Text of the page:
Only if you're stupid. Just strive for it in an intelligent manner.

    Its not nessissarily pleasurable afterwards though. You seem to think that nobody has ever regreted having sex afterwards.
     
    Last edited: Dec 3, 2004
  14. Dec 3, 2004 #13
    sooner or later all religions will be identified as memetic narcotics- and will be placed on the neural-software equivalent of the schedule 1 list of illegal drugs- we are now witnessing the nadir of religiosity in Human Civilization- the last desperate gasp- then gone to join Zoraster in the shadows- take heart

    [religion shall likely return to [post]Human civilization- however this time we will be the deities- not the flock]
     
    Last edited: Dec 3, 2004
  15. Dec 3, 2004 #14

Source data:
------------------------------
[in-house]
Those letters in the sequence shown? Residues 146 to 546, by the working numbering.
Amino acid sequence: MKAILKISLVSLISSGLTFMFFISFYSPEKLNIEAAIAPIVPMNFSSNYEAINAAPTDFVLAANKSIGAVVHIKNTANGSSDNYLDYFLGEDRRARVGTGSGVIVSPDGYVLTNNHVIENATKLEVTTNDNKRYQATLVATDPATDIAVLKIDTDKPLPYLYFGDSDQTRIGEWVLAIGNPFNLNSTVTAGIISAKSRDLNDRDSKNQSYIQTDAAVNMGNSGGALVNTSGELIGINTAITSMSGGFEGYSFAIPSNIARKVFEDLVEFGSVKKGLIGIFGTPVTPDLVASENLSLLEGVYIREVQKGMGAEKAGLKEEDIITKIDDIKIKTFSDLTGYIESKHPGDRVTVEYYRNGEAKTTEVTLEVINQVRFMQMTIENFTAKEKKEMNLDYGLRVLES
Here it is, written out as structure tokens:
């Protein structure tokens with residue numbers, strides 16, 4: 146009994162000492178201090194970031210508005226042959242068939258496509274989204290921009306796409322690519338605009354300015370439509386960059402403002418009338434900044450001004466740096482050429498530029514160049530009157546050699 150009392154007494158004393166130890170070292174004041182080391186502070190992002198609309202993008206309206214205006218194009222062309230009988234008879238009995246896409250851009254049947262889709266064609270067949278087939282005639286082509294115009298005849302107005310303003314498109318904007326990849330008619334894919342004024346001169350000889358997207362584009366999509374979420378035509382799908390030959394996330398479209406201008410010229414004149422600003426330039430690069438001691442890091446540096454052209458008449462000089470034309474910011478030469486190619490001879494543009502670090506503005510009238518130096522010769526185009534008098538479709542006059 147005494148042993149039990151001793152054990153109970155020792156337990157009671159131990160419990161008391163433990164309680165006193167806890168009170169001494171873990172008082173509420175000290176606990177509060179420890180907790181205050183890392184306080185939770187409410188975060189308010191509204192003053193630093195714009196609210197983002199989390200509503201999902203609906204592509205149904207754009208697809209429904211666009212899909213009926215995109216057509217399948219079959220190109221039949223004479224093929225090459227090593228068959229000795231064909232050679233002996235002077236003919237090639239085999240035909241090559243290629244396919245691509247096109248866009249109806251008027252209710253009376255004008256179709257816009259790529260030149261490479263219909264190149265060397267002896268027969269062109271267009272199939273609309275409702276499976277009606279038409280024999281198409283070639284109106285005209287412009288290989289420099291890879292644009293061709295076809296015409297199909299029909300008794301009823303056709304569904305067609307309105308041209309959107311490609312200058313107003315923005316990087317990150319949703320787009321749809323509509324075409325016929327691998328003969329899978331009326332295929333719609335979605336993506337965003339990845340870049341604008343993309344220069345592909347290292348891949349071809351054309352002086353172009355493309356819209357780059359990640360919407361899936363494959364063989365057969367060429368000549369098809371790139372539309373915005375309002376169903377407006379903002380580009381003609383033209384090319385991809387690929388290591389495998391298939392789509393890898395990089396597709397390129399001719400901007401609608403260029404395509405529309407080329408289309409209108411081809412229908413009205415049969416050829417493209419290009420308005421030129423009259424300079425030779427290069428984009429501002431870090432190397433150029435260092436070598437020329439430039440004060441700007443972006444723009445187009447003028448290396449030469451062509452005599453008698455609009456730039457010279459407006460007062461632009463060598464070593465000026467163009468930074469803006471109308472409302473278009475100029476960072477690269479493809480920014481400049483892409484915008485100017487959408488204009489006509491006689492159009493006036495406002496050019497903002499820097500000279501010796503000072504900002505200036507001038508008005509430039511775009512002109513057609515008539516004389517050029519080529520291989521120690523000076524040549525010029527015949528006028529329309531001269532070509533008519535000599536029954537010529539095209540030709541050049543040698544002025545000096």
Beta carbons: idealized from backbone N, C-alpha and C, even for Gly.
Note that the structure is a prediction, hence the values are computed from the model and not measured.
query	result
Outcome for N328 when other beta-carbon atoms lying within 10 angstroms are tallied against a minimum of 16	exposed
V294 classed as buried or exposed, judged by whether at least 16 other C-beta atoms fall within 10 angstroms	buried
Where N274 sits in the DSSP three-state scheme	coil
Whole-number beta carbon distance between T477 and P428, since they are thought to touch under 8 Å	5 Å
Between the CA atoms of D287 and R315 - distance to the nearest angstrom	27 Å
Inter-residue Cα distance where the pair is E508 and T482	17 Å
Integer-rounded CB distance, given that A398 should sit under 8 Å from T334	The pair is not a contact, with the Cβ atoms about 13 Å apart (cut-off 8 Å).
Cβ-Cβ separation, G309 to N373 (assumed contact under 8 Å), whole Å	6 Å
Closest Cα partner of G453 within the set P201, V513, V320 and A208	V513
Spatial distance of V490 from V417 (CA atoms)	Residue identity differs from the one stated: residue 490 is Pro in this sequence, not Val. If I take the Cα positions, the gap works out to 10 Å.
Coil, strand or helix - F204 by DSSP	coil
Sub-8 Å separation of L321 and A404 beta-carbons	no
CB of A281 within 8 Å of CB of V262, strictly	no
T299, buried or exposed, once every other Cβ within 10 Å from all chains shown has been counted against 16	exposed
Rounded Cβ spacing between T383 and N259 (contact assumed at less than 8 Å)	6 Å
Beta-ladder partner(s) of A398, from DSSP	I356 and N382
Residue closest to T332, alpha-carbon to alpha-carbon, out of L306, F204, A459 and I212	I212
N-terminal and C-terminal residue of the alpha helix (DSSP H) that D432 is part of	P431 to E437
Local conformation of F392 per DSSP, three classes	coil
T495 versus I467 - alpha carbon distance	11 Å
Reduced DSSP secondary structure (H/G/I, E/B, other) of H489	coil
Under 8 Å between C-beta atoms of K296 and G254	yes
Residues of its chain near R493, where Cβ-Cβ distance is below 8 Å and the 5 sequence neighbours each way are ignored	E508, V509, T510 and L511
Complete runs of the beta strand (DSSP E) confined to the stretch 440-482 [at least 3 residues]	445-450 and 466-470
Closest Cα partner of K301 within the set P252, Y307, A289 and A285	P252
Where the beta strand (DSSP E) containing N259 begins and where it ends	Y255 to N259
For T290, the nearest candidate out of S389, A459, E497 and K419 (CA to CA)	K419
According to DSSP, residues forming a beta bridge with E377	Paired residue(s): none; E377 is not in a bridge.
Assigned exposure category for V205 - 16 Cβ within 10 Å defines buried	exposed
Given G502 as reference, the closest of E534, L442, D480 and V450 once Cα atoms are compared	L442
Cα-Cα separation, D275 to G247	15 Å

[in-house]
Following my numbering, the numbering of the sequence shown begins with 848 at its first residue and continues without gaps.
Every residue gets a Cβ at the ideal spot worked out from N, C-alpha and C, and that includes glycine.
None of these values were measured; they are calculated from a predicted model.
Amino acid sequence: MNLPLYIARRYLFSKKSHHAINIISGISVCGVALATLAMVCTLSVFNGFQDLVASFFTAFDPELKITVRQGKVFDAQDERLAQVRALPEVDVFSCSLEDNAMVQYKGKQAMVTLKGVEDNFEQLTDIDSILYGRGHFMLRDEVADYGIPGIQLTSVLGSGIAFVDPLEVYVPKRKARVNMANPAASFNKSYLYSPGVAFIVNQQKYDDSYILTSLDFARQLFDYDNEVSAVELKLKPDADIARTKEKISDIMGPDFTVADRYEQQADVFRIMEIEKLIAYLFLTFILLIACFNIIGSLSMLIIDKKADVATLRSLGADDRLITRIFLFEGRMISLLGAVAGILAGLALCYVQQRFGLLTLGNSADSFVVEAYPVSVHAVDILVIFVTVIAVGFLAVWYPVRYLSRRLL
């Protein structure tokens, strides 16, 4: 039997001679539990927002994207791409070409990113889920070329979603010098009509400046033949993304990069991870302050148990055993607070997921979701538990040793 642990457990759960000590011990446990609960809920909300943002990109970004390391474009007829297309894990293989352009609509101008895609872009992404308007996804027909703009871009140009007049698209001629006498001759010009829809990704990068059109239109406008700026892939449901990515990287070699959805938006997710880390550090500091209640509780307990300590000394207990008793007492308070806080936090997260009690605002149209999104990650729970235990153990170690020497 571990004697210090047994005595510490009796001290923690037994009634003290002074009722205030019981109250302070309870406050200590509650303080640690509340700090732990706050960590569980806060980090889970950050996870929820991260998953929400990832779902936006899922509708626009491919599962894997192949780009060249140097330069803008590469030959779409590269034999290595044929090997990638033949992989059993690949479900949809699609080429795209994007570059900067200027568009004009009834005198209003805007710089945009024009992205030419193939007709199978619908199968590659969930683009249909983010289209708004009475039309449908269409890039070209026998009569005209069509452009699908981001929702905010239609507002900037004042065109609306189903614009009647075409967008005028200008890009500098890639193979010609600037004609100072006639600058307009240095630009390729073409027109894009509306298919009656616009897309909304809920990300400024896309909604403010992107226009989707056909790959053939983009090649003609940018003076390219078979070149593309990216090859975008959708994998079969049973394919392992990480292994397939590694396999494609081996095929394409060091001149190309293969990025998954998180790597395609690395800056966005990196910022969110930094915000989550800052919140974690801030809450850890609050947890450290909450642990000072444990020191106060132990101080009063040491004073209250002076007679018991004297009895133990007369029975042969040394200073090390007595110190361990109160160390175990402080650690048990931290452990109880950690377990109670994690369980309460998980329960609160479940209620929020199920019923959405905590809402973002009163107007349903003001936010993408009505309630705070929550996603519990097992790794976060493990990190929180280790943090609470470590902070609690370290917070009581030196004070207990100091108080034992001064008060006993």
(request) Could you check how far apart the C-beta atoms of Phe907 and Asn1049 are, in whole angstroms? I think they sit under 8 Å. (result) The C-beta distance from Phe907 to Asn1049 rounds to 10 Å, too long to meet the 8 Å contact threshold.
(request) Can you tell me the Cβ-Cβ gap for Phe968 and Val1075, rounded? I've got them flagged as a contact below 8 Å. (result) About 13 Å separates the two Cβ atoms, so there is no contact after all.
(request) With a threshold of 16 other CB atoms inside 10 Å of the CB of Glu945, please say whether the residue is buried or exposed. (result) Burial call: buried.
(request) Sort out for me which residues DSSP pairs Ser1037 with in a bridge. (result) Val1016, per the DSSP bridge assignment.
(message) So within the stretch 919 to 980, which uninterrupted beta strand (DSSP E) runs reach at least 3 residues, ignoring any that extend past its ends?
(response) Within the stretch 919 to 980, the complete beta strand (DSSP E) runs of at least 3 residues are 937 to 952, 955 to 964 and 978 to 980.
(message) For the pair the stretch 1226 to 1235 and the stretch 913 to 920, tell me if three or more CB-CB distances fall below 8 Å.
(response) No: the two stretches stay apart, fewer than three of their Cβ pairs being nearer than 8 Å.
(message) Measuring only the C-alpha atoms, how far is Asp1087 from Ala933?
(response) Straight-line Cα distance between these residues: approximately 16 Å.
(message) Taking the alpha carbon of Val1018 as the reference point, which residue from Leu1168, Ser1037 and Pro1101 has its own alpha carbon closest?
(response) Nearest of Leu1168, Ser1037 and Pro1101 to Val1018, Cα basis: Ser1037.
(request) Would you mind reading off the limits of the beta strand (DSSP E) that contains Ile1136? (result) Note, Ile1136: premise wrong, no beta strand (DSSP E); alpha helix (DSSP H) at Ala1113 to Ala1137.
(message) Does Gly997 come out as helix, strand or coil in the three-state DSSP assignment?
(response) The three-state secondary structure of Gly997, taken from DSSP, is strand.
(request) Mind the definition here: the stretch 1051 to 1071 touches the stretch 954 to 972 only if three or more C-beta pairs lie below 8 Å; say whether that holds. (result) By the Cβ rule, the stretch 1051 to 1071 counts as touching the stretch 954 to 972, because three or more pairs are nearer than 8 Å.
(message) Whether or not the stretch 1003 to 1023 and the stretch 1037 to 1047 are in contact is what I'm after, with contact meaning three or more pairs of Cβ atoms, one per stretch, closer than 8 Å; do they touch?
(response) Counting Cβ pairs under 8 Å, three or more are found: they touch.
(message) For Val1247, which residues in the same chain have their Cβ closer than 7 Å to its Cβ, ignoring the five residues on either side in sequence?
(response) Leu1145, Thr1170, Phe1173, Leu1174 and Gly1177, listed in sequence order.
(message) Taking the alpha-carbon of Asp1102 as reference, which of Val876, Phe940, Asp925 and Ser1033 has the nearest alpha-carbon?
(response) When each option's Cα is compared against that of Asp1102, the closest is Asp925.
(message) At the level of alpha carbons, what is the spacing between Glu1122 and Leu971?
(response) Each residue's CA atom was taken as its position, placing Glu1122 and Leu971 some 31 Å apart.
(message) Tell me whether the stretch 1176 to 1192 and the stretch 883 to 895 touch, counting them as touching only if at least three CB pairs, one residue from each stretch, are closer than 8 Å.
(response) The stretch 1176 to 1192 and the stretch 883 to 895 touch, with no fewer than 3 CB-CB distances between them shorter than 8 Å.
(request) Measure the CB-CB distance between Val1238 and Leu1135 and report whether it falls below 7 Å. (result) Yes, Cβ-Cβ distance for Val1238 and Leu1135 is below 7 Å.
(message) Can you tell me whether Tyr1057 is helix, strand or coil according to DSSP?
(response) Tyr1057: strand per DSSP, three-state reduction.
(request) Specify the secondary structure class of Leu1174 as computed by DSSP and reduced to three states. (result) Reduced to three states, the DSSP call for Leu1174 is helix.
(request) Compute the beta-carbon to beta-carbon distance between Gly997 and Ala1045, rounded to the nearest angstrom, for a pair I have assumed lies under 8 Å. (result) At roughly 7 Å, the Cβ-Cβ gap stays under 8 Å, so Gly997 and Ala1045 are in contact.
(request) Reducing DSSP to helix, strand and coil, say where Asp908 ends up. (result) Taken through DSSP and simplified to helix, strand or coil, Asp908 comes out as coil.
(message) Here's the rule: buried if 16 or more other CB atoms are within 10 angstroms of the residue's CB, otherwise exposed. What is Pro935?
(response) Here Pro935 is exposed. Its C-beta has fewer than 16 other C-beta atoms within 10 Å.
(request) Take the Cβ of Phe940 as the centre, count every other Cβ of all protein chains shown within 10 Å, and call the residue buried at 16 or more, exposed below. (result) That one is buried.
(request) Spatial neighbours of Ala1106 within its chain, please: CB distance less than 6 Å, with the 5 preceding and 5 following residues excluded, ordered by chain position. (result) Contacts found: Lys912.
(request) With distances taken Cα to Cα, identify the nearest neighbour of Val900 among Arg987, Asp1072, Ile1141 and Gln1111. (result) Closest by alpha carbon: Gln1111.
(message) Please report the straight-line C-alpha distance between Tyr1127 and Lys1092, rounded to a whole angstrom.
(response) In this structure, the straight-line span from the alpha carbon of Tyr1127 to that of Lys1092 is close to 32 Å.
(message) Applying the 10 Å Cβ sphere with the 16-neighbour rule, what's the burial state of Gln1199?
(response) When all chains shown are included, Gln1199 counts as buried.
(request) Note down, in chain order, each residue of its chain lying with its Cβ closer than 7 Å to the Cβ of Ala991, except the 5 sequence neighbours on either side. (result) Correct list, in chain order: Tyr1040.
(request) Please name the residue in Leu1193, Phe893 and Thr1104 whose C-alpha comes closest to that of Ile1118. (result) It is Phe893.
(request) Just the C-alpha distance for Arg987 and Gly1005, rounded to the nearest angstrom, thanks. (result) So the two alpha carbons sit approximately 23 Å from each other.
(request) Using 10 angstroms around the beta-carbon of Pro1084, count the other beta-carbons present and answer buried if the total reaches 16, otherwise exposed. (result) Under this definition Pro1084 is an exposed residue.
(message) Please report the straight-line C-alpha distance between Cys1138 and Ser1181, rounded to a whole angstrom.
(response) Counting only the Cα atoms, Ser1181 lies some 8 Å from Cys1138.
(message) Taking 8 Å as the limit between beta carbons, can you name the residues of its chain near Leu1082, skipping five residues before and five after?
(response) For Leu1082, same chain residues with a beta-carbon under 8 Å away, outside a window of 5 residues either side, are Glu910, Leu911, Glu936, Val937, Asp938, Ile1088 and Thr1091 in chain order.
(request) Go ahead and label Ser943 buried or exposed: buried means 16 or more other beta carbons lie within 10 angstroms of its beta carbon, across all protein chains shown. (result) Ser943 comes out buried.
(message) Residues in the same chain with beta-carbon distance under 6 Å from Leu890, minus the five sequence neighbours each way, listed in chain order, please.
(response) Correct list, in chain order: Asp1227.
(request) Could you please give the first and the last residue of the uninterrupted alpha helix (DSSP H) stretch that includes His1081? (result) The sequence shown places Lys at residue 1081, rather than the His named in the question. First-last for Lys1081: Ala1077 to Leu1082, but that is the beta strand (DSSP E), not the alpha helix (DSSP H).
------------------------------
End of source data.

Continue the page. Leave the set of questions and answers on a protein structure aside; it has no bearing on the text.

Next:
PerennialII

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    Not all "belief systems" have the characteristics of a religion, ditching religion and going by philosophy has completely different stances and principles ... and seems to work as well, many would say far better.

    Whether anyone regrets it or not, it's a natural function, why bother shading it ?
     
  16. Dec 3, 2004 #15

    loseyourname

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    Okay guys, let's not all get our panties in a twist at once. I just asked if you agree that striving to lower teen pregnancy rates and STD infection rates is a noble goal? The only point is that there is a non-religious reason to teach the virtue of abstinence, and so it can be taught while maintaining a separation of church and state. I never said that I advocate abstinence-only programs over comprehensive programs. Geez.
     
  17. Dec 3, 2004 #16